Wisconsin Department of Children and Families
Wisconsin Works (W-2) Manual
22.214.171.124 General CSJ Participant Description Characteristics
126.96.36.199 CSJ Participation Requirements
188.8.131.52 Kinds of CSJ Work Site Placements
184.108.40.206 Prorated CSJs
220.127.116.11.1 General Prorated CSJ Participant Description Characteristics
18.104.22.168.2 Prorated CSJ Participation Requirements
22.214.171.124.3 Prorated CSJ Payments
126.96.36.199 CSJ Placements for Parents Temporarily Unable to Care for Their Children
188.8.131.52 CSJ Administration
184.108.40.206 Attendance Records
220.127.116.11 CSJ Placements as Employment
The CSJCommunity Service Job placement is for applicants and ongoing W-2Wisconsin Works participants who are not ready for unsubsidized employment. A CSJ placement provides the opportunity to practice work habits and skills that are necessary to succeed in any regular job environment, including punctuality, reliability, work social skills, and more. CSJ work site providers are expected to offer an environment which generally replicates regular employment, realizing that job coaching and mentoring may be needed to help the participant succeed. An individual is permitted to participate in more than one CSJ for a cumulative total of no more than 24 months. (See 2.10.3) A participant placed in a CSJ receives a monthly payment of $653 for full-time participation.
Persons placed in CSJs may have:
· Little or no work history;
· No evidence of reliable work habits;
· A work history with frequent voluntary quits or terminations;
· Physical or mental conditions or other personal limitations to regular employment; or
· Domestic violence, temporary illness or incapacity of self, family member, or other family crises.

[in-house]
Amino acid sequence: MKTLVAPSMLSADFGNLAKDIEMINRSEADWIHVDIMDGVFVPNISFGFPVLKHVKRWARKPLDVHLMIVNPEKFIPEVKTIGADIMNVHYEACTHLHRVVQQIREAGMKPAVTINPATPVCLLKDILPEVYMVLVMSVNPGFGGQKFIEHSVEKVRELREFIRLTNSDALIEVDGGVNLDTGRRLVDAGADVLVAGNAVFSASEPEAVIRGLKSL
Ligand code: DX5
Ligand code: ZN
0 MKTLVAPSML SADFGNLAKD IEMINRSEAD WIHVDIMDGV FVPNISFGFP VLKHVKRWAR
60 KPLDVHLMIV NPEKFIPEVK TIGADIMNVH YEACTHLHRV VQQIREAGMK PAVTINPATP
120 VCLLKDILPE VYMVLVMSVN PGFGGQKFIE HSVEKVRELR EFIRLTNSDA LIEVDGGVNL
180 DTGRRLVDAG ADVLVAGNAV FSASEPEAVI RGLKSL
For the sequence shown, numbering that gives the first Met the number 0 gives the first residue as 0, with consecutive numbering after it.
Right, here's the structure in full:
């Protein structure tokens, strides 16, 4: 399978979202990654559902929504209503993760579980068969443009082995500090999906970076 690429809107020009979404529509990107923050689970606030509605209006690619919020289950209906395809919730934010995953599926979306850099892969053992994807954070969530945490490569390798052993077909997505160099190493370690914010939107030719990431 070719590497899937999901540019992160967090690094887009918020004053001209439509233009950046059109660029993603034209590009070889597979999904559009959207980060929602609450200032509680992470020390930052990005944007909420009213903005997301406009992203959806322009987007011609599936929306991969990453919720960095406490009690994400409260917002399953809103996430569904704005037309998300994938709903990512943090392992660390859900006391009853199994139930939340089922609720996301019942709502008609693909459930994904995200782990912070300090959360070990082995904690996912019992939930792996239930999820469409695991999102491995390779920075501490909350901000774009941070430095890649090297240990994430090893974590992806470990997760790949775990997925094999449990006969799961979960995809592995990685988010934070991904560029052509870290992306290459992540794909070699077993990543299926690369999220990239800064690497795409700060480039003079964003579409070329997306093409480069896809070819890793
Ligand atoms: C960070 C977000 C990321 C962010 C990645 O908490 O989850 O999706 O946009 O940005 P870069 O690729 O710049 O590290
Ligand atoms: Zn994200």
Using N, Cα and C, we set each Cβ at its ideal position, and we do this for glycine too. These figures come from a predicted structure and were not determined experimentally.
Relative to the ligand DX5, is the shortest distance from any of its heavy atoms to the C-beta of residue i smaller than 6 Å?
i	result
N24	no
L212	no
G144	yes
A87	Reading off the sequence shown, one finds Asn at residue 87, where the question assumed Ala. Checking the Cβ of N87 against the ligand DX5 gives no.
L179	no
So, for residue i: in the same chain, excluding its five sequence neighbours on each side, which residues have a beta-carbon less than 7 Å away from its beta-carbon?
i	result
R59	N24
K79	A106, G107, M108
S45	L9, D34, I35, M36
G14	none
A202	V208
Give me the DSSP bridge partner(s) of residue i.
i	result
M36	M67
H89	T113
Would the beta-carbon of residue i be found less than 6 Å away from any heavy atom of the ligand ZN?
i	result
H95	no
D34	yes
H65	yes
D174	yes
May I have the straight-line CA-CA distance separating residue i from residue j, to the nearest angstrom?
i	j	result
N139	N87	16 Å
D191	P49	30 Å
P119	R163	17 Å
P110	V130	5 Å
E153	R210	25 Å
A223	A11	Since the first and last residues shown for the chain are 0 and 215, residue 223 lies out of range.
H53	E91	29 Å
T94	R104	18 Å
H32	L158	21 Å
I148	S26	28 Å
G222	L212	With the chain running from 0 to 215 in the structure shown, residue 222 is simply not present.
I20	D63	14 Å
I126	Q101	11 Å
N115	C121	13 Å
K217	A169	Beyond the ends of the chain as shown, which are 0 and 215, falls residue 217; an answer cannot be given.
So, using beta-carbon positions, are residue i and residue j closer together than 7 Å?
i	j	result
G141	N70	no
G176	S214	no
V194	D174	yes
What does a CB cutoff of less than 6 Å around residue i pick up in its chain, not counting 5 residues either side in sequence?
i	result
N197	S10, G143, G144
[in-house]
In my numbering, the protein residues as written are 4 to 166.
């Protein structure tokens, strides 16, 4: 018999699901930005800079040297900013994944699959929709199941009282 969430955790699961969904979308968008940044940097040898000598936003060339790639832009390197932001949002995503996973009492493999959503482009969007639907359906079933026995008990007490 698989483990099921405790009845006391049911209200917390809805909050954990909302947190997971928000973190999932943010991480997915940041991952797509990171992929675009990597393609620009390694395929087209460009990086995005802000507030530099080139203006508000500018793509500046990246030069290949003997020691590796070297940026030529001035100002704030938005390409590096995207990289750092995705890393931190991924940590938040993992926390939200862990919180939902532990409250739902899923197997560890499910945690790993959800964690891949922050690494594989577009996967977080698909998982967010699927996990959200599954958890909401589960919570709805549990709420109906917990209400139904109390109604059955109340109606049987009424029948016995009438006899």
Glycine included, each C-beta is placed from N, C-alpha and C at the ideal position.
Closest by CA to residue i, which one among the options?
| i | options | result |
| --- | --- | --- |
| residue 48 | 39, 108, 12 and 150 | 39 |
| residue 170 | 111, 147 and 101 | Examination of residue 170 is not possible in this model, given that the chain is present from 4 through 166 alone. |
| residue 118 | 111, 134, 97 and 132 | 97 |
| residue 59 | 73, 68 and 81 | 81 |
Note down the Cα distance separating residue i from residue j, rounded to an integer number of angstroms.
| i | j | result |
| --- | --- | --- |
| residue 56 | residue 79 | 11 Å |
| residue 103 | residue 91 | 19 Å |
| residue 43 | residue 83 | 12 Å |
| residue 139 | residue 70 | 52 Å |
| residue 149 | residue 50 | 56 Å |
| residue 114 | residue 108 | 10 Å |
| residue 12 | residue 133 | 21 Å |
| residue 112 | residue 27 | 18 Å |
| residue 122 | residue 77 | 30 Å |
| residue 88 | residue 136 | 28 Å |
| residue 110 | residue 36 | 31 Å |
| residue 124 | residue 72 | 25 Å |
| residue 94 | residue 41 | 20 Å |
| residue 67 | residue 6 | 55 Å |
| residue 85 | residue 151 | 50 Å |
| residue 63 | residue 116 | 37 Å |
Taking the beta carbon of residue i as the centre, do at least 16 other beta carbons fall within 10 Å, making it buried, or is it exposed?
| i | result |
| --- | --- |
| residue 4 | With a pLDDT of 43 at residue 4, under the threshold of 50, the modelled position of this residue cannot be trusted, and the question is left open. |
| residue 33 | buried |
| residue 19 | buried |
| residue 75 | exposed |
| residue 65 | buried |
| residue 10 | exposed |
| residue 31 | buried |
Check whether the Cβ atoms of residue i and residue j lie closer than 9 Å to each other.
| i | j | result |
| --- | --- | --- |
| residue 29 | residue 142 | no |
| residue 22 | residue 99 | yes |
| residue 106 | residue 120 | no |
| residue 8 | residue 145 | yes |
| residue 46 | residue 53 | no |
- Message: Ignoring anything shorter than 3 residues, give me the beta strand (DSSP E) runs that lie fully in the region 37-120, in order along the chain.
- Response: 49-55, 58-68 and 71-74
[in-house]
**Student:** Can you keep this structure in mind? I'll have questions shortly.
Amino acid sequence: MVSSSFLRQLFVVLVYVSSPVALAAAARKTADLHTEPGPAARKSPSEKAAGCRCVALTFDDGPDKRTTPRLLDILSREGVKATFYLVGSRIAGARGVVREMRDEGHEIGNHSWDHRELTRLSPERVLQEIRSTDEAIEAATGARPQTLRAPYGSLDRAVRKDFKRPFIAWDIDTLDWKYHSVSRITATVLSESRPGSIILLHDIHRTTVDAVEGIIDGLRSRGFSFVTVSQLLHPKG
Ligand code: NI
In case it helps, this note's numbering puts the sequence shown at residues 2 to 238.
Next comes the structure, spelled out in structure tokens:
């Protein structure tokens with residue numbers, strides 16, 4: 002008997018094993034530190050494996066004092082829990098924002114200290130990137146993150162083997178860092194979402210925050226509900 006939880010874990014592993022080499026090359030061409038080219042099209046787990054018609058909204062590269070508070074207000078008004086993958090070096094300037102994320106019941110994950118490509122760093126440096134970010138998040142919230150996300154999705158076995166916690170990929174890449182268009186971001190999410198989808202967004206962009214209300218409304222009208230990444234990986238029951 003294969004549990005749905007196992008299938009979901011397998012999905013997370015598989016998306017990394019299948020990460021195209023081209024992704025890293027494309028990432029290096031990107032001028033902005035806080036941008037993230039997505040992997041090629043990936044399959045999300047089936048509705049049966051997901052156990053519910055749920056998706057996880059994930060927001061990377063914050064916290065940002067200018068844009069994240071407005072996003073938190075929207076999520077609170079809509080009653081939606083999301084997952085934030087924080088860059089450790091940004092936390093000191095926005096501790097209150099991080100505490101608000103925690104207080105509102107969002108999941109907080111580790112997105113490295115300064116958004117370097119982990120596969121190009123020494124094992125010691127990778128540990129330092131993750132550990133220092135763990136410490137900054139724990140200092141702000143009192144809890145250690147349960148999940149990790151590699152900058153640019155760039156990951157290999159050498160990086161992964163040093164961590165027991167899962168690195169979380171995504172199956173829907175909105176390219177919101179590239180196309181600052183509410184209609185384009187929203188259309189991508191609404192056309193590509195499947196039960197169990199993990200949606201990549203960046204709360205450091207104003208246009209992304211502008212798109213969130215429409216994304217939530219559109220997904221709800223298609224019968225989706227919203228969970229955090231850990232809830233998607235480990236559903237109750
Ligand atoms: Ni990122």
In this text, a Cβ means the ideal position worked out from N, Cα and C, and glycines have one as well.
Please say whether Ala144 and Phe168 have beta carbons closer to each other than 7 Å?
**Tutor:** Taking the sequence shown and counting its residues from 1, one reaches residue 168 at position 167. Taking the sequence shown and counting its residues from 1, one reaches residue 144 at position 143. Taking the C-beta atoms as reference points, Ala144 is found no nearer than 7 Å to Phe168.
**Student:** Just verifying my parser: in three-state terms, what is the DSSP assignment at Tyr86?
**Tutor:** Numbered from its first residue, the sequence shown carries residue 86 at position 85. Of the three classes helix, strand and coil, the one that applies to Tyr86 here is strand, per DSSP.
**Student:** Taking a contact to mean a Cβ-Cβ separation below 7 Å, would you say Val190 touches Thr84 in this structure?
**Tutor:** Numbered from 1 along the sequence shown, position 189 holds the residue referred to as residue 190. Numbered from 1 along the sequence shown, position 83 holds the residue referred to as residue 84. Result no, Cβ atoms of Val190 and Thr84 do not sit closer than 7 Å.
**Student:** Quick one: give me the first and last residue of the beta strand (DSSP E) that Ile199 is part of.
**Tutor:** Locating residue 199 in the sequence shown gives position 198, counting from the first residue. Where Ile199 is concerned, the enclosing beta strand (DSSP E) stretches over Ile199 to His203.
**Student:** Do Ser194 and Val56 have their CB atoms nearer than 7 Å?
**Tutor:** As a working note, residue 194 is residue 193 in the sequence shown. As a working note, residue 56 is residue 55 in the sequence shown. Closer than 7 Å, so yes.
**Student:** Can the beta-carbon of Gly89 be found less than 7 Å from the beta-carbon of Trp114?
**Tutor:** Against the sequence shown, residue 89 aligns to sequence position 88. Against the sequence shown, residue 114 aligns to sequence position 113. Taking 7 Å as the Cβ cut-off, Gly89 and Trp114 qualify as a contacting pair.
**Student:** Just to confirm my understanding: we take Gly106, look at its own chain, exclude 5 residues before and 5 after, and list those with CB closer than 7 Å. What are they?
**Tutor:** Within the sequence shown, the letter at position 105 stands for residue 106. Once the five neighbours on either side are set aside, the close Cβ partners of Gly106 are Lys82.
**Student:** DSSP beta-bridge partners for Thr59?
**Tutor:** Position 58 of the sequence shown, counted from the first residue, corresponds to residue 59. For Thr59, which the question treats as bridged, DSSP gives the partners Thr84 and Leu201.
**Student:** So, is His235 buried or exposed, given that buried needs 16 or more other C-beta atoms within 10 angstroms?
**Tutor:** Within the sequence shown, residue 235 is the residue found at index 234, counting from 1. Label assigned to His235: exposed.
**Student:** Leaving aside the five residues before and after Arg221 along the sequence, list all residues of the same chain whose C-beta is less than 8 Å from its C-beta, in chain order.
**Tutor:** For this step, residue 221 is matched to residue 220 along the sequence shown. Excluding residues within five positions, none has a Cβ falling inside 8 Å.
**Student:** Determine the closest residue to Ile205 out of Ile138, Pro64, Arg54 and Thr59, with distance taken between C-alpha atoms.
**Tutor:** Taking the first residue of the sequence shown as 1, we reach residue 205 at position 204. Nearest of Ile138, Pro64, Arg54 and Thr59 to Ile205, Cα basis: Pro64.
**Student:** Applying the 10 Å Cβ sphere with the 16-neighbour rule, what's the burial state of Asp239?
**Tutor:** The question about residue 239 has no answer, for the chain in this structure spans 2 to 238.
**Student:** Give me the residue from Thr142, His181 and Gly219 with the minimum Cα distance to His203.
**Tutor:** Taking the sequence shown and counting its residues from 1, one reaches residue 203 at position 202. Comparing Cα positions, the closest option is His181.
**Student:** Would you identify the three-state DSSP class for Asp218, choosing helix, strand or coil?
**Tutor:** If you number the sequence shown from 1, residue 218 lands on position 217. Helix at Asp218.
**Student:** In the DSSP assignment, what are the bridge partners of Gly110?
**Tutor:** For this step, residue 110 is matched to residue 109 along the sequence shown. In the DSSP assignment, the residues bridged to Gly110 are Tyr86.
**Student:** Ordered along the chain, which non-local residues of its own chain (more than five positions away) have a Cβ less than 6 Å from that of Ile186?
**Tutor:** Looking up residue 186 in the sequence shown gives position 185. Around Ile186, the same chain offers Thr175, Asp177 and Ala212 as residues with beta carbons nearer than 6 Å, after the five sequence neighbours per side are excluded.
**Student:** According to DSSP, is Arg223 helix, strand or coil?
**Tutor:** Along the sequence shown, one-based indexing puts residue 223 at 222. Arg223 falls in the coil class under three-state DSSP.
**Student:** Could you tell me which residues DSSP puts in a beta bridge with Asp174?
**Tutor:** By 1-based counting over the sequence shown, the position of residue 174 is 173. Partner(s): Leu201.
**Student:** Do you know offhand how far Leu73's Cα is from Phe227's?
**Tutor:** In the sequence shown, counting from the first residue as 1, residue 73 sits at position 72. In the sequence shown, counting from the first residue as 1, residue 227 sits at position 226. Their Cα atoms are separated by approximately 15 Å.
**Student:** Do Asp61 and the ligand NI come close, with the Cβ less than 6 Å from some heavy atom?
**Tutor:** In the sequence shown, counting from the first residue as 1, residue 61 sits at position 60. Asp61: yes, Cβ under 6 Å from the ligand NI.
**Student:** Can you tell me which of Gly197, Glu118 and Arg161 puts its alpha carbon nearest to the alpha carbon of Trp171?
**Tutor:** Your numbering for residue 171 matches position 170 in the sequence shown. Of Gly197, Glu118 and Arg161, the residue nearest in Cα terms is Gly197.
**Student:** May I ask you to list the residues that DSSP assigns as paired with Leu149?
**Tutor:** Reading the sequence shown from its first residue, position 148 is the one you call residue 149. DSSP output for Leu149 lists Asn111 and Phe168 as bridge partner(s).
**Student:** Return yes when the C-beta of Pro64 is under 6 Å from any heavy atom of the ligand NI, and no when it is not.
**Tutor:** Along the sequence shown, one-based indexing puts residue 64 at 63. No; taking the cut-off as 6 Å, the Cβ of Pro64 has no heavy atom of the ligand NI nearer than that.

CSJ participants are expected to complete 40 hours of activities per week but can be assigned fewer hours depending on the participant’s circumstances. Of these 40 hours, up to 10 hours per week can be in education and training activities.
Education and training may be assigned:
· Up to 10 hours per week of allowable education and training (see 18.104.22.168);
· By aggregating education and training hours to enable a participant to engage in an education and training program that can be completed within a one year period (see 22.214.171.124);
· Through participation in a full-time technical college education program (see 126.96.36.199); or
· 18- or 19-year-olds who do not have a high school diploma or equivalent, can attend high school or enroll in a course of study meeting the standards either full or part-time (see 188.8.131.52).
CSJ work training hours countable toward the maximum 40 hours of activity as approved by the FEP may include:
· Work experience (WE);
· Training activities conducted at the CSJ work training site;
· Other assigned work training activities, such as;
o Job search activities (ES);
o Vocational rehabilitation (VA, VE, VL) and
o Meetings with child support agency staff, social workers, health care professionals or other meetings approved by the FEP and necessary to prepare a participant for employment (Activity Codes may vary.)
CSJ work sites may be with public, private non-profit and private for-profit employers. Each CSJ placement may be scheduled for up to six months with an opportunity for a three month extension. The following is a sample list of entities which may offer opportunities for CSJ work sites: